Where is Perseverance right now and why did you choose that particular landing spot location?

Ken Farley: “Perseverance landed in a crater that's about 40 kilometers across called Jezero Crater. And there is very clear evidence that this crater was once filled with a lake. And quite a large lake, 40 kilometers across and hundreds of meters deep. And this was about 3.5 billion years ago. Since that time, Mars' climate has changed completely. There's … no liquid water on the surface of Mars anymore. But at this time, 3.5 billion years ago, we believe this was a very habitable environment.”

What kind of life are we talking about?

Ken Farley: “This is not Earth-like life we are seeking. And that forces us to think a little bit differently. But all we really have to go on is Earth's life. We have an example of what life is like. And 3.5 billion years ago on Earth, that is about the oldest evidence we have of life on Earth. And life at that time was strictly microbial. Life had not evolved into the kind of complex plants and animals that we're familiar with today. That came much, much later. So using Earth as an analogy, we think the most plausible kind of life that might exist that early in the history of the solar system is likely to be microbial.”

Where and how have we identified those ancient microbes as evidence of early life on Earth?

Ken Farley: “The most important thing to understand is that Earth's a very dynamic planet. And there is very little rock record of the very distant past, Earth's history, the time when life presumably originated and got its start. Most of that rock record is gone. There are a few places, including in Western Australia, where there are small slices of rock from that time period.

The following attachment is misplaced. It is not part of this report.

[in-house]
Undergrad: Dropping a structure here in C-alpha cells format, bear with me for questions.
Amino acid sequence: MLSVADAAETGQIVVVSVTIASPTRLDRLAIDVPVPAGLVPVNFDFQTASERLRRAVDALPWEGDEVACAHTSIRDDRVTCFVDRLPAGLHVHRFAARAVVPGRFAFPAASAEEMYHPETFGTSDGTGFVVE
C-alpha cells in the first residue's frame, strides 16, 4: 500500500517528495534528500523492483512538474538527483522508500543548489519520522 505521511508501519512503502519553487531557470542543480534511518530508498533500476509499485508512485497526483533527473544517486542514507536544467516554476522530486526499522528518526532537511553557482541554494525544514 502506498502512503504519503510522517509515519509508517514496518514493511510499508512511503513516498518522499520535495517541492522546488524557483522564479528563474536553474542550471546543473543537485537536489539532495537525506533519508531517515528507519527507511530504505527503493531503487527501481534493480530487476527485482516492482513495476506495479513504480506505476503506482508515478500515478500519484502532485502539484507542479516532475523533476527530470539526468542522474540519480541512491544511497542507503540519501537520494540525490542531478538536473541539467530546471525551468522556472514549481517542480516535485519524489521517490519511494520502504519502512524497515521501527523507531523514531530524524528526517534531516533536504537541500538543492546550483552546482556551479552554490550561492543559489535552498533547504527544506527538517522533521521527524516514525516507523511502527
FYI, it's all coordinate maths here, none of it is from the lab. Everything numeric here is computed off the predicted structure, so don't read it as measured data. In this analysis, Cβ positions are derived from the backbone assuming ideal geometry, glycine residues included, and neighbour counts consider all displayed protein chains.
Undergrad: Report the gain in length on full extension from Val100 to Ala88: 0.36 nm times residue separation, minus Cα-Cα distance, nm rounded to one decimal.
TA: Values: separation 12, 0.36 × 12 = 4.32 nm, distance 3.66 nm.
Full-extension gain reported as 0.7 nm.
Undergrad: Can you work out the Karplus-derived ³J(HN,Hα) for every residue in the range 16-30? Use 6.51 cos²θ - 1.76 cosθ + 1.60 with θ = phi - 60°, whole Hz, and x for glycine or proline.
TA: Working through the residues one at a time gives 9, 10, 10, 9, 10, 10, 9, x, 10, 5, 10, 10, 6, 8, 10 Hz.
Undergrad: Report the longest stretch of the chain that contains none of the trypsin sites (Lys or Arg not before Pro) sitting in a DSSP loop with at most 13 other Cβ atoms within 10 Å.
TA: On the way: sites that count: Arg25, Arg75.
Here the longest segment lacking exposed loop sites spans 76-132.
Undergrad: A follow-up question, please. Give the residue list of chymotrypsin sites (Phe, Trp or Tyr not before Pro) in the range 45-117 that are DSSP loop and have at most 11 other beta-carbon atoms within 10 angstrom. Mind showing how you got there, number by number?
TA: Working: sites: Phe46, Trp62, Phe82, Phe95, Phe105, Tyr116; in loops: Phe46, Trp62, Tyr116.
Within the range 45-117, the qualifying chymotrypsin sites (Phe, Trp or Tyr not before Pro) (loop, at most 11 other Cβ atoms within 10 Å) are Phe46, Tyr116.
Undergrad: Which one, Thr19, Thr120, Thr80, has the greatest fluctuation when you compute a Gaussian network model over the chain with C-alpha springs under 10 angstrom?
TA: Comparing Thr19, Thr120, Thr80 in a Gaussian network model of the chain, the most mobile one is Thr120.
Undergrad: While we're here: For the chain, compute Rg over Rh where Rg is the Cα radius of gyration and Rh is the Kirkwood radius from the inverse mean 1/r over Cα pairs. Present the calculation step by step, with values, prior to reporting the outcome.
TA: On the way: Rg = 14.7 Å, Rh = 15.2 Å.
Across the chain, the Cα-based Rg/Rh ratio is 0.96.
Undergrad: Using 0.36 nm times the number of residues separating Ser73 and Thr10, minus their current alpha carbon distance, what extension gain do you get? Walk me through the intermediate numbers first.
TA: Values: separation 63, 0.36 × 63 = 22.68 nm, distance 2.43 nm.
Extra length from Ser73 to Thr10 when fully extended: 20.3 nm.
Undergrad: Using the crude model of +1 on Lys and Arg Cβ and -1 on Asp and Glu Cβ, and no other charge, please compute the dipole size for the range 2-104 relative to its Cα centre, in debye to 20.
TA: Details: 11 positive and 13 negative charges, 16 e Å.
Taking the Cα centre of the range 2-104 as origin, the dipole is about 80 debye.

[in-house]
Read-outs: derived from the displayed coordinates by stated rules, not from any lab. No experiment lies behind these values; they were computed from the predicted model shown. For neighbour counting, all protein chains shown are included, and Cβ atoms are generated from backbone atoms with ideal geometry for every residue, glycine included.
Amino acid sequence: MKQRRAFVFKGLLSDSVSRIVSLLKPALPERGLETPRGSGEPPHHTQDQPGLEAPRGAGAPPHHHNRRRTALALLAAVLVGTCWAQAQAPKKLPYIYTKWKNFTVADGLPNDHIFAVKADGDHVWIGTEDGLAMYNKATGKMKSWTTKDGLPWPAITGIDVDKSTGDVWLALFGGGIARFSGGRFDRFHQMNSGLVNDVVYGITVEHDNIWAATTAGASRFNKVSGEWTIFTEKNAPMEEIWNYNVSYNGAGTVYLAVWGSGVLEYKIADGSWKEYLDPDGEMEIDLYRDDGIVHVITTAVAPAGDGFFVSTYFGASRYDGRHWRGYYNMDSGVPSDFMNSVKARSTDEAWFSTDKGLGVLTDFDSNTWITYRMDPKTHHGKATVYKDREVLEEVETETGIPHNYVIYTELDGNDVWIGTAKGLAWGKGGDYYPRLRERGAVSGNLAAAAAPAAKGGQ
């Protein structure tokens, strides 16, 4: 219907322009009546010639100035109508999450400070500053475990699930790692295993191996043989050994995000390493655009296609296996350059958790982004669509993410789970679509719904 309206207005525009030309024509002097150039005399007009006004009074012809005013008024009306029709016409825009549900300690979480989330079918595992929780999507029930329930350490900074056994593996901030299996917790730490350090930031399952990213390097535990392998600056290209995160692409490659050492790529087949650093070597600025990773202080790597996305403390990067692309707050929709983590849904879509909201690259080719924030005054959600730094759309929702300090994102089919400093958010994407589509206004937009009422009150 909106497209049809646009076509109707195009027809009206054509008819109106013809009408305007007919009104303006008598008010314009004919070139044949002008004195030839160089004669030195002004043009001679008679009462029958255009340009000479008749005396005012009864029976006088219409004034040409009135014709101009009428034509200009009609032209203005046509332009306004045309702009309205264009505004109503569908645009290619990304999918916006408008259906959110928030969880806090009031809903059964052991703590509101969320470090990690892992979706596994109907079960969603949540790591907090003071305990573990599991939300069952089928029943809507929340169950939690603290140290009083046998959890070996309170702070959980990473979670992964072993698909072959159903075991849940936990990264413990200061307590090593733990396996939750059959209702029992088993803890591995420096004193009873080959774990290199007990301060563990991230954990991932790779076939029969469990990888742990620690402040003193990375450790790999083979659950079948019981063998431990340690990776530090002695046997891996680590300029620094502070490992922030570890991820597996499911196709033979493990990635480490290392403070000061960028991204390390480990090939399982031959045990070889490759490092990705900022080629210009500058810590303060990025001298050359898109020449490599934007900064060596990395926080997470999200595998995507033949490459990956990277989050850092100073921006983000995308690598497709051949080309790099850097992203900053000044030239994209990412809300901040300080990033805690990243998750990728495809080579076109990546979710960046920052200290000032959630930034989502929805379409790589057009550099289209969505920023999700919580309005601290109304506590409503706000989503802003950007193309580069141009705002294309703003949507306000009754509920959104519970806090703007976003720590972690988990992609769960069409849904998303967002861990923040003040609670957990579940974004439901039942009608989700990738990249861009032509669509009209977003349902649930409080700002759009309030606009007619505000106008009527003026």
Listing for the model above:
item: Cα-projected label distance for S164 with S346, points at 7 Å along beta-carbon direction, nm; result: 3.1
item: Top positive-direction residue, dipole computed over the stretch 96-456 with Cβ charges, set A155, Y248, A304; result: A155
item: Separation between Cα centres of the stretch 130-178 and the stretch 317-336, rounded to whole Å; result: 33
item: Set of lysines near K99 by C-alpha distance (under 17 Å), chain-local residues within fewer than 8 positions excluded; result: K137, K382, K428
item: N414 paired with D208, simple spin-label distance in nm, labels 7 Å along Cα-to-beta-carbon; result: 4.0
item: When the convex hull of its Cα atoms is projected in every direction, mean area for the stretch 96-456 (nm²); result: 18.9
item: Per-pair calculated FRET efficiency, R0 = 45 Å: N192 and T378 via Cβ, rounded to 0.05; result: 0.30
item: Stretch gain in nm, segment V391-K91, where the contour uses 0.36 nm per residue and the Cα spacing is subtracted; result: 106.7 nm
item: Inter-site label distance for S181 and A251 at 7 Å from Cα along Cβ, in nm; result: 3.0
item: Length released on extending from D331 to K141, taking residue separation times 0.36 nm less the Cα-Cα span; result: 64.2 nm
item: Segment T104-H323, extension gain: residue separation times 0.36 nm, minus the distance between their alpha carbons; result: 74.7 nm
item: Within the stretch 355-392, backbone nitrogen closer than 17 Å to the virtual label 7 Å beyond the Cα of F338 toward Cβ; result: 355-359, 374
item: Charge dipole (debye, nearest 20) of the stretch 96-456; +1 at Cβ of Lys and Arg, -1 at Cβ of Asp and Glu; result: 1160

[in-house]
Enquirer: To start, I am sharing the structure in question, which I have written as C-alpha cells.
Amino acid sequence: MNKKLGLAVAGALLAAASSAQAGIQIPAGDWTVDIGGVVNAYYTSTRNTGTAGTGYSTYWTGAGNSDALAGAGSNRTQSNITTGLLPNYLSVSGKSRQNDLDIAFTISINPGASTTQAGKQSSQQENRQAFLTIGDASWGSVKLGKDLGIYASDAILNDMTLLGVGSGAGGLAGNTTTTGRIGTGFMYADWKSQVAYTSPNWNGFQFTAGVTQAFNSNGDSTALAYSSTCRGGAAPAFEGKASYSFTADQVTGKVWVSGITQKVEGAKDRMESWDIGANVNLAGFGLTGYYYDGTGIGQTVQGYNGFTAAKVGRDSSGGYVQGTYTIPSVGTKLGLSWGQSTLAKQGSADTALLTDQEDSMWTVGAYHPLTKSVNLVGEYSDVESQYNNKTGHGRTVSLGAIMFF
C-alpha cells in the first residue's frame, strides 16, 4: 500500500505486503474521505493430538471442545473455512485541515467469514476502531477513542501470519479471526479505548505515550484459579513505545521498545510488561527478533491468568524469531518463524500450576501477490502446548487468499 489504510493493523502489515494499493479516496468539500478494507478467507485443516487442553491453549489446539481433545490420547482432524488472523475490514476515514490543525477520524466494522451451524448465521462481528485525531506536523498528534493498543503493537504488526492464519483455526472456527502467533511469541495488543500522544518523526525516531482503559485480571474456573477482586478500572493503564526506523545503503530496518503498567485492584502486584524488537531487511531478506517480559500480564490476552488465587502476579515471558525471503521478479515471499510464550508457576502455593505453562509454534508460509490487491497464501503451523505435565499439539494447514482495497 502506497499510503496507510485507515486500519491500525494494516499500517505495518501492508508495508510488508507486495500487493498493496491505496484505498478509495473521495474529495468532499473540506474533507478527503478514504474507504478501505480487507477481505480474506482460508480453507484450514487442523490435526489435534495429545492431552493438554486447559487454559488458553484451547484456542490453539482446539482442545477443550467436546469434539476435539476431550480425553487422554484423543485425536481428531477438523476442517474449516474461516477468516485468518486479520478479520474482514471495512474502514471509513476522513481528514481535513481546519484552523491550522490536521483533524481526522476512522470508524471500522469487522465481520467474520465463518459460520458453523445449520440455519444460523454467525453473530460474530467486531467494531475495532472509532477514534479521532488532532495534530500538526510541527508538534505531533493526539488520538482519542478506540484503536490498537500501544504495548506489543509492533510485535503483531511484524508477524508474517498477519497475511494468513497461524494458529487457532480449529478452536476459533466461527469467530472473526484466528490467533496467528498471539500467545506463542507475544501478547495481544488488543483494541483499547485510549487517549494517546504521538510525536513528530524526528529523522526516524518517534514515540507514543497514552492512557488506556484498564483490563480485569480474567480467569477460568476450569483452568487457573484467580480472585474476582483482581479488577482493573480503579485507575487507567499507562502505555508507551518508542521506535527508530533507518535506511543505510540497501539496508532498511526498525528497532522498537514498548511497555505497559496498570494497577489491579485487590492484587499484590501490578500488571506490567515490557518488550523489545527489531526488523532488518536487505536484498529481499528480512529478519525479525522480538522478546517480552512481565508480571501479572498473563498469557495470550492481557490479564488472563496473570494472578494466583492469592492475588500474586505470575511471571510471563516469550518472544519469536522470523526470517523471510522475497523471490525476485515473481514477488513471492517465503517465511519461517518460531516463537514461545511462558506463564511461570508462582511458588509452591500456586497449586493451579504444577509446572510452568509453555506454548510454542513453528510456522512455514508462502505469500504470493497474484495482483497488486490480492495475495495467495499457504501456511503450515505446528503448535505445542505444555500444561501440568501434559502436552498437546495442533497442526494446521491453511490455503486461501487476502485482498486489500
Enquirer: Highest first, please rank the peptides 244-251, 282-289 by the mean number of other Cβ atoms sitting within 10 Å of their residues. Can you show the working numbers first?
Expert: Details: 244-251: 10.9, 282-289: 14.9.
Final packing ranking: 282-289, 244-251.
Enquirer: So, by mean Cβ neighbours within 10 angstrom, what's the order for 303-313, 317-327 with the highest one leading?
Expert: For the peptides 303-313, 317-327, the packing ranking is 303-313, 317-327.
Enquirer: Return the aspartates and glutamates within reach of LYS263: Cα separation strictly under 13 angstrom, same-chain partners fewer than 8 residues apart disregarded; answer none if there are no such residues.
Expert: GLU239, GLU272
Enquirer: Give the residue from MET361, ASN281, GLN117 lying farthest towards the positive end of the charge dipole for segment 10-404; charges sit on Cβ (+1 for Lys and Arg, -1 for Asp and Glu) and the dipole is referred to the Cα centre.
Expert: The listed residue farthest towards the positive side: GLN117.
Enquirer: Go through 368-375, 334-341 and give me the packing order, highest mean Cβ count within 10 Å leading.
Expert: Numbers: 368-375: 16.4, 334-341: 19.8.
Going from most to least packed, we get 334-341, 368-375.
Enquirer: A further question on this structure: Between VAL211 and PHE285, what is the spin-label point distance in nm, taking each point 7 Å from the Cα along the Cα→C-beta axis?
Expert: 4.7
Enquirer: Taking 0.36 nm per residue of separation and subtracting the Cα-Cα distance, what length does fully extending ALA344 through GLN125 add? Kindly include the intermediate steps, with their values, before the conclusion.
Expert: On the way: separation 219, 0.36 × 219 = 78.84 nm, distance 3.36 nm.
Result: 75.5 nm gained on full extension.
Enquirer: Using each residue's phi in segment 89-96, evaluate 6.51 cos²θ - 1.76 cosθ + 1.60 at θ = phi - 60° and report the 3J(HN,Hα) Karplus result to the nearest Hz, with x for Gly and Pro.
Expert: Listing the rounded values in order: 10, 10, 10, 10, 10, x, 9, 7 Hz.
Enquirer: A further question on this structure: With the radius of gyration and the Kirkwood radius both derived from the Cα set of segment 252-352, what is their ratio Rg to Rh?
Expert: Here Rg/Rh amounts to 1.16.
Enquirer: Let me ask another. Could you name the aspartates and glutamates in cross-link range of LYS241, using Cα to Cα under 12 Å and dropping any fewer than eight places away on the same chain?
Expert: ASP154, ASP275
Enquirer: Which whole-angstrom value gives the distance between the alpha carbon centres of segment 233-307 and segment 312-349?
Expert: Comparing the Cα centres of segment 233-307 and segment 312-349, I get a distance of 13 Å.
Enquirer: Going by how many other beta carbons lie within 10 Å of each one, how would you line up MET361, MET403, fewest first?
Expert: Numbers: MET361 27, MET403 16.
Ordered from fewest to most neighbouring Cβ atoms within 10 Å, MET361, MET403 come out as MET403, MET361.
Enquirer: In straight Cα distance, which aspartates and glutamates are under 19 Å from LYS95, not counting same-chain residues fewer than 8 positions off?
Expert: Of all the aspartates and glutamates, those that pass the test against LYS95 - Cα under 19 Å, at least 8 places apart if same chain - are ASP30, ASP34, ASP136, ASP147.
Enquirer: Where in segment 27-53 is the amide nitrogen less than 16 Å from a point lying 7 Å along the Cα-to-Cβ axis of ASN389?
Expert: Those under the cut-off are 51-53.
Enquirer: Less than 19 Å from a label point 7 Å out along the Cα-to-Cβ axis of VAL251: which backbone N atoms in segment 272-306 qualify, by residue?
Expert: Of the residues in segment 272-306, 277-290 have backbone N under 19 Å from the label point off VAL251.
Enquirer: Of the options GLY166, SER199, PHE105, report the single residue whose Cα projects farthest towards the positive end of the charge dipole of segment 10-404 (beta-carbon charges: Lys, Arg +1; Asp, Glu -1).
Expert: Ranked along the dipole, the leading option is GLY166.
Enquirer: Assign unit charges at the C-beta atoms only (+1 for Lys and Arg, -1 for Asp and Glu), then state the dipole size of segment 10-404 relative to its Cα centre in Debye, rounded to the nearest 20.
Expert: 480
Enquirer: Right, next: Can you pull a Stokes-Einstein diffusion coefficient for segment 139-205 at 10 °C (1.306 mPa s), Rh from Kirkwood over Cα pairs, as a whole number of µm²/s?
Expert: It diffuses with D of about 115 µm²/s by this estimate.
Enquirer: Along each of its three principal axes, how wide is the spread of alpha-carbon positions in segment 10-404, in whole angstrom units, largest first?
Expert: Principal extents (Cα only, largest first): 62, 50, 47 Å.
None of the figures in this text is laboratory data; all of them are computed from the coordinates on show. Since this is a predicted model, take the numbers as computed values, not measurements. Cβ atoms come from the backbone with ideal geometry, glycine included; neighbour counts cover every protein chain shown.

"And in those rocks that record shallow lakes or seas, microbes were growing and they were actually deforming the mud on which they were growing. And this deformation by the presence of these microbes left a pattern in the rocks, at the scale of inches to feet, that is characteristic of this [microbial] mat of organisms. And very different than the structure that you get from deposition of sediment that is not induced or modified by biology.”

What does Martian climate change actually mean and how did that happen?

Ken Farley: “We know that currently Mars is extremely cold, it's extremely dry, and the surface has nowhere that life as we know it could exist. And one of the great surprises of the several decades of exploration of Mars is that it wasn't always that way. And we see what is really textbook evidence of flowing water on the surface. In the distant past, about 3.5 billion years ago, we see canyons, we see evidence of shorelines on lakes, and a possible ocean that covered part of the planet. And in the case of Jezero Crater where Perseverance landed, we see evidence of a river delta, which is proof positive that there was once a lake in that crater.